Anyone who has used Amazon Web Services (AWS) EC2 instances is familiar with their various instance “states”: running (on), stopped (shut down), rebooted (restarted) and terminated (destroyed).

ParkMyCloud's new state for AWS EC2 instances: parked. We created ParkMyCloud to do one simple thing very easily: enable AWS EC2 users to reduce their spending by automatically scheduling on and off times for instances when they are not being used. We call it “parking.”

We didn’t realize until a tech industry analyst mentioned it that we had essentially created a new state that sits between started and stopped: “parked.” He’s right.  While AWS allows you to start, stop, reboot or terminate instances, it doesn’t enable you to temporarily stop or “pause” an instance. And because AWS EC2 instances are billed hourly and “always on,” you’re always paying for them even if you’re not using them. Parking idle instances will help customers reduce their AWS bills by more than 20%.

So while we did not set out to invent this new state, we’ll certainly take credit for it.

About Dale Wickizer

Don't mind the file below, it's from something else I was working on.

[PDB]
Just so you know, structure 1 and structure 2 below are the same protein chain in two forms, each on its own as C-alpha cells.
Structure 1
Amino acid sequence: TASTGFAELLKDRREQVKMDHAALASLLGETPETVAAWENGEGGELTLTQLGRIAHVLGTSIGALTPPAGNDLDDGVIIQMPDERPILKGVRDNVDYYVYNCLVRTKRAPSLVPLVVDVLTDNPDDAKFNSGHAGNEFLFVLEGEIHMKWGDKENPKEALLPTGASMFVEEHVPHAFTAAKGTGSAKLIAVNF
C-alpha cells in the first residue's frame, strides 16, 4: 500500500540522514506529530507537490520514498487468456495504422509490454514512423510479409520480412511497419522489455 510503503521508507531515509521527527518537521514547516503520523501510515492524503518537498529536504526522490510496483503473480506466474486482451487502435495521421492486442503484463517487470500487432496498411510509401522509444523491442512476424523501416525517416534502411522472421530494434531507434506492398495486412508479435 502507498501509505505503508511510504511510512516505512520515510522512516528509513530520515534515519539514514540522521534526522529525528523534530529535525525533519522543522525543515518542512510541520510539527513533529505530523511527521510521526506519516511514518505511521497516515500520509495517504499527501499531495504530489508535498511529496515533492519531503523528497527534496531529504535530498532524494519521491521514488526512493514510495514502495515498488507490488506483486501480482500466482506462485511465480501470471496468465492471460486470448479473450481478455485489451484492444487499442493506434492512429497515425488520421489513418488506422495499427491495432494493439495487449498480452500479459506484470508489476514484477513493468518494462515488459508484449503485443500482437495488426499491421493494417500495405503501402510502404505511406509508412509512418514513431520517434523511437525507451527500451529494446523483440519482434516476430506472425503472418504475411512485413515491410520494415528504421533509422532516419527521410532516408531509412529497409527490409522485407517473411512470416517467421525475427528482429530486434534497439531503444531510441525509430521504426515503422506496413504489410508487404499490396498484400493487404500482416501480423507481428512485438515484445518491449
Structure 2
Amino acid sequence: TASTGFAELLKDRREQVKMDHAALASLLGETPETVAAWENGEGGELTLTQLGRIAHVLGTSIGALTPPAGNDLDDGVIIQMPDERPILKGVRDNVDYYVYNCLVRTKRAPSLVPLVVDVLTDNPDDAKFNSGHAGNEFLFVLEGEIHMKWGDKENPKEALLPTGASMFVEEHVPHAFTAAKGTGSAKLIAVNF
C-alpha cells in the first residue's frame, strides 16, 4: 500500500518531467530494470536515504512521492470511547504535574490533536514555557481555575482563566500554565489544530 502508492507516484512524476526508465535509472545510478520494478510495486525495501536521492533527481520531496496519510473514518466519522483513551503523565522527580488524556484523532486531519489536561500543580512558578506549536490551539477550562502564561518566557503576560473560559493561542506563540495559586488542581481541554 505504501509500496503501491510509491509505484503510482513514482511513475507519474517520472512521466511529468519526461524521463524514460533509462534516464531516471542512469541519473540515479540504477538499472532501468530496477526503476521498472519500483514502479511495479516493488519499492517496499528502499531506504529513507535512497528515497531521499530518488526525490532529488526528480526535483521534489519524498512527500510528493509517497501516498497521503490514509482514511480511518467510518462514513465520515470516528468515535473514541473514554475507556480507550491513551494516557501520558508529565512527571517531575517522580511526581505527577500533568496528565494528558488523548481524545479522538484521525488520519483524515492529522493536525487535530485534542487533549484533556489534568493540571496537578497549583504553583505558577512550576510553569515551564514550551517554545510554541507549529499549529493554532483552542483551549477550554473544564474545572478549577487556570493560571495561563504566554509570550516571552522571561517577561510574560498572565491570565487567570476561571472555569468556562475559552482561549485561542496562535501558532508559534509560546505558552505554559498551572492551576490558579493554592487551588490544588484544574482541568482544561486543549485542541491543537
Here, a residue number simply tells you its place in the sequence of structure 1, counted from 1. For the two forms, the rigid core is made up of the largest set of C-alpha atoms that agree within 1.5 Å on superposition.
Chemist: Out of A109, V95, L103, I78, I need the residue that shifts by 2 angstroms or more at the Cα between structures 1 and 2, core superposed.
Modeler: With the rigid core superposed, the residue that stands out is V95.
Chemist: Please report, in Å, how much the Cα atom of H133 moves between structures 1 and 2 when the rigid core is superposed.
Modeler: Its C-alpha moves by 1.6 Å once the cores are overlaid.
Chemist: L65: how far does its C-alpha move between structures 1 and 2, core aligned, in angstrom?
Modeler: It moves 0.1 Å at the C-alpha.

Dale brings over 30 years of technology and engineering experience to his role as co-founder and Chief Technology Office (CTO) at ParkMyCloud. After experiencing the problem of growing cloud spend first-hand, and discovering that there was no simple way to solve it, Dale teamed up with co-founder Jay Chapel to create ParkMyCloud to solve the problem of cloud waste. Before founding ParkMyCloud, Dale was the CTO of the U.S. Public Sector at NetApp, Inc. where he set the future technology and product direction and managed key customer relationships. Prior to NetApp, Dale was an Associate Partner and IT Infrastructure Architect at Accenture, where he helped large enterprises plan and execute IT transformations, data center consolidations, and application deployments. Dale holds both a Bachelor's and a Masters Degree in Electrical Engineering from the Georgia Institute of Technology. He and his wife, Barbara, reside in Springfield, VA.